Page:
In our industry—as in many others—we tend to divide our communications along a seemingly clear line: business-to-business and business-to-consumer. Or, “B2B and B2C.” We often try to motivate business decision-makers into energy efficiency using purely rational and business case-derived messages. We believe this is, at its core, a flawed approach.
Our argument? It’s all human connection. We are trying to change the way humans make decisions and behave relative to energy use, and humans make decisions in very complex ways that involve both rational and emotional elements.
As New York and other states move toward an environment where incentives can no longer be a driving force to stimulate energy efficiency, we need to start figuring out how to leverage motivations beyond the bottom line.
Understanding intrinsic motivations
In 2014, Brand Cool conducted a series of in-depth conversational interviews with apartment building owners who had taken on comprehensive energy retrofits through New York State’s incentive program. While there is no doubt that incentives currently provide a primary reason for participation, our goal was to understand the other, non-incentive based motivations for implementing energy efficiency upgrades. These are “intrinsic” motivations, because they may be sparked by the presence of an incentive, but the traction and momentum are not reliant on external monetary incentives.
From discussion came powerful insight
In contrast to most interview and survey techniques that ask people point blank about preferences, attitudes or motivations, we used a psychosocial approach that is based on the premise of having good conversations. For example, we’ve been asking people for years what would motivate them to take on energy efficiency retrofits, providing multiple-choice options. Most often, they’ve said “saving money,” so we activate money-saving messages and yet…we’re still not seeing significant conversion. We’ve tried every possible version of that message – it’s not working.
We paid attention to the particular stories, the anecdotes, and the order in which people talk about certain things. Then we identified themes and insights that seem particularly relevant and notable.
In the stories people were telling us, we were hearing a lot about the desire and need to have control – specifically about the fact that there are many variables we don’t have control over, such as rising costs of resources and energy, the risk of severe weather events and other external factors. Having control here relates to the notion of “autonomy” – the ability to have impact and influence over one’s environment. This cannot be underestimated, especially given how powerless many people feel in general.
The next theme we were hearing had to do with foresight. This was expressed in people talking about the need to act, to be ahead of the curve – a clear enjoyment and appreciation of being strategic. You will see this is closely related to control, and in fact all of these are closely interrelated, because there is no single element or motivator that is the primary factor.
The next theme is perhaps the most surprising. As an industry, we often have a pretty jaded view of property owners and managers – especially if you have been a renter or have experience working with those whose ethics are lacking. However, what we heard from these particular individuals surprised us – we heard a lot about care, and caretaking in how they saw their job, and how they relate with their professional value. This was expressed in their pride in providing people with savings and better quality operations, even if the tenants didn’t really know or have much to say about it. Even though it may seem otherwise, they feel pride in providing people with savings and better quality operations. Their sense of professional purpose is directly tied to the quality of housing and home experience they’re providing for people.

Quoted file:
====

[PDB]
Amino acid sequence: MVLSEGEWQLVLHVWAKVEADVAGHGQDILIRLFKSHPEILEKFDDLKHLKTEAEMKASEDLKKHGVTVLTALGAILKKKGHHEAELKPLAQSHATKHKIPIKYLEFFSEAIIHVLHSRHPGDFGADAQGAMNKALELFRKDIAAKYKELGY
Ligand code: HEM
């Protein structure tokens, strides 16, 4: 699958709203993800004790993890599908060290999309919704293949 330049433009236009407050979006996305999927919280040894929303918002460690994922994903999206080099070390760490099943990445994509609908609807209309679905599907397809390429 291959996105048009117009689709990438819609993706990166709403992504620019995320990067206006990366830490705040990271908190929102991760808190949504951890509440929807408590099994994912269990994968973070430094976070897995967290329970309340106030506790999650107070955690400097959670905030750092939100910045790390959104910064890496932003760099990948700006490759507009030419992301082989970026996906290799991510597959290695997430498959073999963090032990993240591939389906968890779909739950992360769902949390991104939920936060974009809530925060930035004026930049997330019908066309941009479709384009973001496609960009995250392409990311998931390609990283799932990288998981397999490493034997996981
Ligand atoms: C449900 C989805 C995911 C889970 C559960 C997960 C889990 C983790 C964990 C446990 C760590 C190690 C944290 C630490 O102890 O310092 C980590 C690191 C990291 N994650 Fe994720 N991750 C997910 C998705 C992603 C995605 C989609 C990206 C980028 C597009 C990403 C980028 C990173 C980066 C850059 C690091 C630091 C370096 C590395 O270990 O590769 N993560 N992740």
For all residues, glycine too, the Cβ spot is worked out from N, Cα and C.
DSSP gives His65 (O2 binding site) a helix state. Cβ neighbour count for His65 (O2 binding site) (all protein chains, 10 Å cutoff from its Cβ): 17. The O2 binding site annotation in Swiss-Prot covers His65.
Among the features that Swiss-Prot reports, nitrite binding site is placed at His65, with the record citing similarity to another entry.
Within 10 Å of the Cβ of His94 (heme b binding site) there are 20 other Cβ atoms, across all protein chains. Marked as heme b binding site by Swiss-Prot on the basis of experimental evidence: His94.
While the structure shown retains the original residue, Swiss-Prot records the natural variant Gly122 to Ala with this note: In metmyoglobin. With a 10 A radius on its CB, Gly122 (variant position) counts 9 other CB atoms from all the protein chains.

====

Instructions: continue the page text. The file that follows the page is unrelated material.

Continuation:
Finally, we have what we call a “triple win” – where the benefits of being environmentally friendly, saving money and having a higher quality building are often coexisting. This is a unique leverage point for us, as we think about how to design and communicate energy efficiency in ways that are compelling for our stakeholders.
What we believe is that these benefits or motivations should not exist as a hierarchy, such as “people really care most about the bottom line.” This is a common mistake especially in business-to-business communications. We tend to apply the rational actor model with a heavy hand, and it’s not effective. If people only made rational decisions, our impact would be far more widespread. In the energy space, we tend to ignore the emotional aspects of energy and energy-related decision-making.
These insights provide an opportunity to think more holistically about what motivates people to become active, involved and even “empowered” to participate in energy efficiency upgrades. There are a number of ways we can craft our messages to help speak to these intrinsic motivators:
- Being smart, caring and competent – We know you are a smart businessperson, and you care about your tenants, your buildings, and your community.
- Being stewards –You are responsible about your job, and we get that.
- Committed to getting the job done – We know you work hard, and we are here to support/enable you.
- Your efforts will pay off – The customer journey requires some energetic investment (but not too much).
- You do not have to go this alone – We are here to support
As energy efficiency practitioners and communicators, we challenge you to think about how you would speak to your audiences if you couldn’t talk about money, if you couldn’t leverage incentives as a motivator. It’s an important exercise, and one that could yield much more effective communications as we seek to move the market forward at the fast pace it requires.